In this episode, I interview my friend and colleague, Mr. Joshua Hays, M.Ed. He is the CEO of ABC Guidance, a non profit organization that specializes in working with teens who may need some extra support and counsel to stay on track with their schoolwork and find a career path that inspires them.
I wanted to bring Joshua on today because I love how he uses college classes to get kids who need more credits, and sometimes more direction, graduated on time, with a jumpstart on their future and a lot more confidence in themselves.
If you would like to know more about Mr. Hays, please visit abcguidance.com or email him at email@example.com.
Also, please CLICK HERE to come to my FREE Workshop: How to help your high school student earn college credits without changing schools or adding hours to their day. I hope to see you there!
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Hi moms! Today is an interview day. I’m so excited to share this interview I did with my friend Mr. Joshua Hays.
But first, I want to read you the Review of the Week. This is from Utah Fan and this mom said, “The podcast world needed this podcast. I love the short episodes and the examples and tools shared. I wish it had been around when I was raising my four boys, but I am finding it so helpful and inspiring with my youngest a teenager still living at home.” Thank you so much to those of you who are rating me and leaving me reviews. It not only makes people find me easier, but also helps me know how I’m doing for all of you listeners. So, if you could please take a minute to go rate me and leave me a review that would be so much appreciated.
So today I’m excited to share with you this interview I did with my friend Mr. Joshua Hays. He has a master’s degree in education and is also the CEO of ABC Guidance. He does educational consulting, and he specializes in working with teens, especially teens who may need a little extra guidance staying on track with their schoolwork so they can graduate. He works with them on career skills, organizational skills, counsels them as needed, and just helps prepare them for life.
I wanted to bring Joshua on because I love how he uses college classes to get kids who need more credits in high school and sometimes more direction graduated on time and with a ton more confidence in themselves. As many of you know, I have a course that guides you through how to do this college classes in high school thing for your child. And the thing is, it’s not just for the straight A students, this works for even average students. So, if your child has a 2.0 or higher in high school, this can work for you. And to those of you who are not to the stage yet with teenagers in high school, don’t worry because I will be back next week with more helpful parenting tips for all ages. And once again, thank you so much for listening.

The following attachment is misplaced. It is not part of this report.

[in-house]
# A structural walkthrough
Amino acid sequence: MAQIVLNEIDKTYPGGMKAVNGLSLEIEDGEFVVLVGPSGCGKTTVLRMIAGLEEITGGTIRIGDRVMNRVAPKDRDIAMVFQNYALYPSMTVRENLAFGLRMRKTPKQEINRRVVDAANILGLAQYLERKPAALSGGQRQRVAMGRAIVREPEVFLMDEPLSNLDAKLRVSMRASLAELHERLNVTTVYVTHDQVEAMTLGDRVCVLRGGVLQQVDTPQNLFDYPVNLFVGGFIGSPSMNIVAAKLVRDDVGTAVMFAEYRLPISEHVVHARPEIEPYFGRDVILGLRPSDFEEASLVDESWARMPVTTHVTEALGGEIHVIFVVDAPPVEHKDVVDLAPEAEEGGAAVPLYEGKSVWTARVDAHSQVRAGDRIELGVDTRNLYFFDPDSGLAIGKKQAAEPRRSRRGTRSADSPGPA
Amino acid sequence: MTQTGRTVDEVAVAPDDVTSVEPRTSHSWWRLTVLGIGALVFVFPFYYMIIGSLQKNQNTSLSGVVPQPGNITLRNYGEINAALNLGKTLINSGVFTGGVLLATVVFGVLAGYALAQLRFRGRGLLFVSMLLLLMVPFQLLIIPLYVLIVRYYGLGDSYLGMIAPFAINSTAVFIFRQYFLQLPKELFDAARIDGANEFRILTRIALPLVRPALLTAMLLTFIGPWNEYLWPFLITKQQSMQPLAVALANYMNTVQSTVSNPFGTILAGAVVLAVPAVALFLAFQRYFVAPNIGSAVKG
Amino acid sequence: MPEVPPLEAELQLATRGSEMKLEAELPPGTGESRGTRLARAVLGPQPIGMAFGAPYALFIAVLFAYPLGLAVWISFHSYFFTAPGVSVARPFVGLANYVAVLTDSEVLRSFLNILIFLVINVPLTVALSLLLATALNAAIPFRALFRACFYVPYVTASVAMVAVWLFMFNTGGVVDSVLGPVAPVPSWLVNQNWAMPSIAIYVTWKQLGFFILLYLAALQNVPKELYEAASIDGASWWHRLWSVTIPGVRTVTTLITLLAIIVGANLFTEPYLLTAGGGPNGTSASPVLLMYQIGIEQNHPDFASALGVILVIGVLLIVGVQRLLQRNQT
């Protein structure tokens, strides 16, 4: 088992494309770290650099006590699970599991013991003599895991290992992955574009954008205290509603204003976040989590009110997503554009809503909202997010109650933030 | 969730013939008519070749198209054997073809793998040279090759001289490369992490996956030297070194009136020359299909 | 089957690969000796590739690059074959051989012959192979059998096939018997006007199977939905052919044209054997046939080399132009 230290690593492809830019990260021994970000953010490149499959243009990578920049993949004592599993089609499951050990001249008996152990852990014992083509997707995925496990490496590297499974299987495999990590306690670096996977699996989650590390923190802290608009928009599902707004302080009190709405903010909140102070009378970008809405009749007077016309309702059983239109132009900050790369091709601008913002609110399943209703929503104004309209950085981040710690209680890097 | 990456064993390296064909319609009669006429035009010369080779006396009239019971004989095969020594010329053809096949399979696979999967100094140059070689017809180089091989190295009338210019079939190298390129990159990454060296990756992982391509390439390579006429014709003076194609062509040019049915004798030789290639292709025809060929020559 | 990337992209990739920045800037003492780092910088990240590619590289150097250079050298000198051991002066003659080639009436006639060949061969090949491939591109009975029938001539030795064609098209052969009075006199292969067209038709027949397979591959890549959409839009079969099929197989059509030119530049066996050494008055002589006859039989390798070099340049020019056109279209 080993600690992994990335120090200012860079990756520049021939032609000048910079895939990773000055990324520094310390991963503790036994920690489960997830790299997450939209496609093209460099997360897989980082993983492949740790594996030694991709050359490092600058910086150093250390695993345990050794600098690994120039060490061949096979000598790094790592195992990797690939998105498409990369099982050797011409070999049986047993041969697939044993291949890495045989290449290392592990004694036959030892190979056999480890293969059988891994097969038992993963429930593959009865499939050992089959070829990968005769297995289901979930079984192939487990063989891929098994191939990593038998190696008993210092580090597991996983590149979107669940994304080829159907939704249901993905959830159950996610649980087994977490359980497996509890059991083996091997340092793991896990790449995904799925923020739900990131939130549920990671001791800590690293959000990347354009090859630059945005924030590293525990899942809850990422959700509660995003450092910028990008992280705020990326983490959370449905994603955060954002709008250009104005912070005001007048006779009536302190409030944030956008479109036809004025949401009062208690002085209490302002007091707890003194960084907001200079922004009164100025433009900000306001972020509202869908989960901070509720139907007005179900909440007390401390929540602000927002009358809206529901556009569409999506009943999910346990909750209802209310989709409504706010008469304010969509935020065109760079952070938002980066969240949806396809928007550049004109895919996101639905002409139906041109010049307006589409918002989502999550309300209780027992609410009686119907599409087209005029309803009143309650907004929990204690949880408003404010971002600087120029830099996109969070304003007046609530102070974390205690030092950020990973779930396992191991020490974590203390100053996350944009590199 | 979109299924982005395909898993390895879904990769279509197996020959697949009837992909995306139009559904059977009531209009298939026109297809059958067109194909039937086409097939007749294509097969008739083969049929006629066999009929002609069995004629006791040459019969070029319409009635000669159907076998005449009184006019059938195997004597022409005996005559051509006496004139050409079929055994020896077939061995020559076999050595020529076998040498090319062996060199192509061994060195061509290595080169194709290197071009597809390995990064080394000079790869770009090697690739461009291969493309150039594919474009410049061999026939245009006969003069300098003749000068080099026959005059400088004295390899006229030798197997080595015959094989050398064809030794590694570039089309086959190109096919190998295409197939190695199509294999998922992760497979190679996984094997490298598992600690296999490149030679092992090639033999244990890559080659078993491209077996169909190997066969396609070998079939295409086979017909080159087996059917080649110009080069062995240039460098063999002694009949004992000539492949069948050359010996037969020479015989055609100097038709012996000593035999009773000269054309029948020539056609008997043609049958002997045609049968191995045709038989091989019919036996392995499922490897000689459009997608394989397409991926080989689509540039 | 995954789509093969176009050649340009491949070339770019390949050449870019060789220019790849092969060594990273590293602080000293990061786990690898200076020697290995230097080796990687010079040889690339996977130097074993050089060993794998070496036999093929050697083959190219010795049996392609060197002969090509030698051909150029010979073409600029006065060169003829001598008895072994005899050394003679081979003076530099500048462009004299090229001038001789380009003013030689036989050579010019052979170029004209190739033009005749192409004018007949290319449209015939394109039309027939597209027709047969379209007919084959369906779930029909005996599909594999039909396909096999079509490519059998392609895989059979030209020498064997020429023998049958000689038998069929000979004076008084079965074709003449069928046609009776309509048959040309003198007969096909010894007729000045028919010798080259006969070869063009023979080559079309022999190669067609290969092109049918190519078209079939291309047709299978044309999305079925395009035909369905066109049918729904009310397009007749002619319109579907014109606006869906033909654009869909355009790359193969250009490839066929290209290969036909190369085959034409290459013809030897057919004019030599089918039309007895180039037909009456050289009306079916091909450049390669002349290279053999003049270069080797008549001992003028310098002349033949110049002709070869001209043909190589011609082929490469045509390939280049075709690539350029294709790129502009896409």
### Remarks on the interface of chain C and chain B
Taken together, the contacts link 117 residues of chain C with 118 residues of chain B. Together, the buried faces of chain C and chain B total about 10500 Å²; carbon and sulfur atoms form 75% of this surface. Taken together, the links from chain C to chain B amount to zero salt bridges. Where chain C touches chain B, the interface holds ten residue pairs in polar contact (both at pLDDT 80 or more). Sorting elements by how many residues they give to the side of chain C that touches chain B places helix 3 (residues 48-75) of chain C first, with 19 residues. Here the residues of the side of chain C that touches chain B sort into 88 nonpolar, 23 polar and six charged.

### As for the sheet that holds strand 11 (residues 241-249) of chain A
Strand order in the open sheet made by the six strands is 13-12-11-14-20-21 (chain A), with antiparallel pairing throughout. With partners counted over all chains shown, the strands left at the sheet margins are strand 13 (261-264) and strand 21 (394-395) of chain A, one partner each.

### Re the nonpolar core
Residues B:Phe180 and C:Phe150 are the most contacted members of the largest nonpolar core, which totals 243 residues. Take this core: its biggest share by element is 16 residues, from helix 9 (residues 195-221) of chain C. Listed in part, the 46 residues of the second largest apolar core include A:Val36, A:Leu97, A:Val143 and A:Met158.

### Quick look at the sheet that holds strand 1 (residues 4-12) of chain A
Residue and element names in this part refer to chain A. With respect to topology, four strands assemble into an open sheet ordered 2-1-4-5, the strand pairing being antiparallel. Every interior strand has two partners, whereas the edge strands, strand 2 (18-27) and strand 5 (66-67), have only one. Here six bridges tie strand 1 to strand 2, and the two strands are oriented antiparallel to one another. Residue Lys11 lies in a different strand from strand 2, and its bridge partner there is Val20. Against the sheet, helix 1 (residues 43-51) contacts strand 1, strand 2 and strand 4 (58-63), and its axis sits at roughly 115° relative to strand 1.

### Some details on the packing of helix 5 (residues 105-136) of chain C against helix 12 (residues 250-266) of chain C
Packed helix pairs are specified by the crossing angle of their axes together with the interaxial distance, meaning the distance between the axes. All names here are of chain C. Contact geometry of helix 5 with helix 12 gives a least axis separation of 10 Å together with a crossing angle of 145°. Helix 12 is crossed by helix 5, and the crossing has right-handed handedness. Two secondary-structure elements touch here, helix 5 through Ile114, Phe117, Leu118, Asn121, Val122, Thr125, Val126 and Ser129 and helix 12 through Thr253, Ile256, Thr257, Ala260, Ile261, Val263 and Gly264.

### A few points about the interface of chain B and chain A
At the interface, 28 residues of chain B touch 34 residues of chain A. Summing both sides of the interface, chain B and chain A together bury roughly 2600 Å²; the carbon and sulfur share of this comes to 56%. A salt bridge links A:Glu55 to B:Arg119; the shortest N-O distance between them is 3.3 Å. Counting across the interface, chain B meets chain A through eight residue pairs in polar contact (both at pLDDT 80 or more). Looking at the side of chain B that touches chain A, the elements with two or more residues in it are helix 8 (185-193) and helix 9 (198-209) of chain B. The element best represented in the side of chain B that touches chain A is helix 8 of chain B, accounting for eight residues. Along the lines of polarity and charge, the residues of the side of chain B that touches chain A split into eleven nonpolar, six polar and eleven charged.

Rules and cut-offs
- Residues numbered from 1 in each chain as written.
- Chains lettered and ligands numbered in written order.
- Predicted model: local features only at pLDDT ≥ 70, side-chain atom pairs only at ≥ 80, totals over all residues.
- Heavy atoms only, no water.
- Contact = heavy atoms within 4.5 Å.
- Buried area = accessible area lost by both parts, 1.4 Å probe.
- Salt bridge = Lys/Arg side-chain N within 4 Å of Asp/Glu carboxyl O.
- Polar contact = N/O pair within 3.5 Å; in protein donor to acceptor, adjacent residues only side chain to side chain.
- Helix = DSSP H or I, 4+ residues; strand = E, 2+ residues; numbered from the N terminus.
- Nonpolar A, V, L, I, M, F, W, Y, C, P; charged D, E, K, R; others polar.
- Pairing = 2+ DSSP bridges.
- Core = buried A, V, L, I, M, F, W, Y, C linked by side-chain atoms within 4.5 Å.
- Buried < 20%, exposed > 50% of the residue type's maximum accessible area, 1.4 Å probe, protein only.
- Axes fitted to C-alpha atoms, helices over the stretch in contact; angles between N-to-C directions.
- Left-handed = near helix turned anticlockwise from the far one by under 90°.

Heather: Okay! I am here today with my good friend and colleague, Joshua Hays. He is an educational consultant with his company ABC Guidance. Joshua, why don’t you tell us a little bit about yourself.
Joshua: Hey, Heather. Thank you so much for having me on. I know that we have worked with each other before and we’re so passionate about education, so I thank you for this opportunity. My name is Joshua Hays. I am the founder and creator of ABC Guidance. The purpose of ABC Guidance was to map out a proper pathway for students to be successful in their educational and career journey, letting it all intertwine and correlate with each other. My background--I have a few degrees—it didn’t always start out that I was going to go into education. My undergraduate bachelors is in Business Management and I dual majored in Communication. I love communication, and communicating with people, so that really helped out. My master’s in education with the emphasis of school counselor. I love psychology, I did an emphasis heavy on psychology, so my doctorate is in social psychology, but because I ran out of funds, I didn’t quite get to the dissertation part so I can’t give myself that label. But I do have a PPS credential that I operate with within my nonprofit. So, I’m trying to apply my education, as well as my experience, to help people and students succeed in their journey.
Heather: Yes! I love what you do. Now tell us a little bit more of why a parent would come to you and want you to work with their high school student.
Joshua: Okay, so what’s interesting is, from my past experience and growing up, high school and even in the early stages of junior high, it can be very confusing of what pathway is best for that student. I’ve seen numerous pathways and, in my experience, when I went back to do my masters, I had to dive into the education field and figure out the systematic effect that would best help the individual student, and I found out a number of things within education. So, I took everything I’ve learned and created a system in which I will work with a student one on one and work with their families to best map out a pathway that is specific to their learning style and their experiences and their culture.
So, we give them all the resources possible, so it fulfills their individual needs when coming to education and their career choice. And then applying that education to the massive amount of their life application.
Heather: Okay, so at what point does a mom decide that she needs her child to work with you?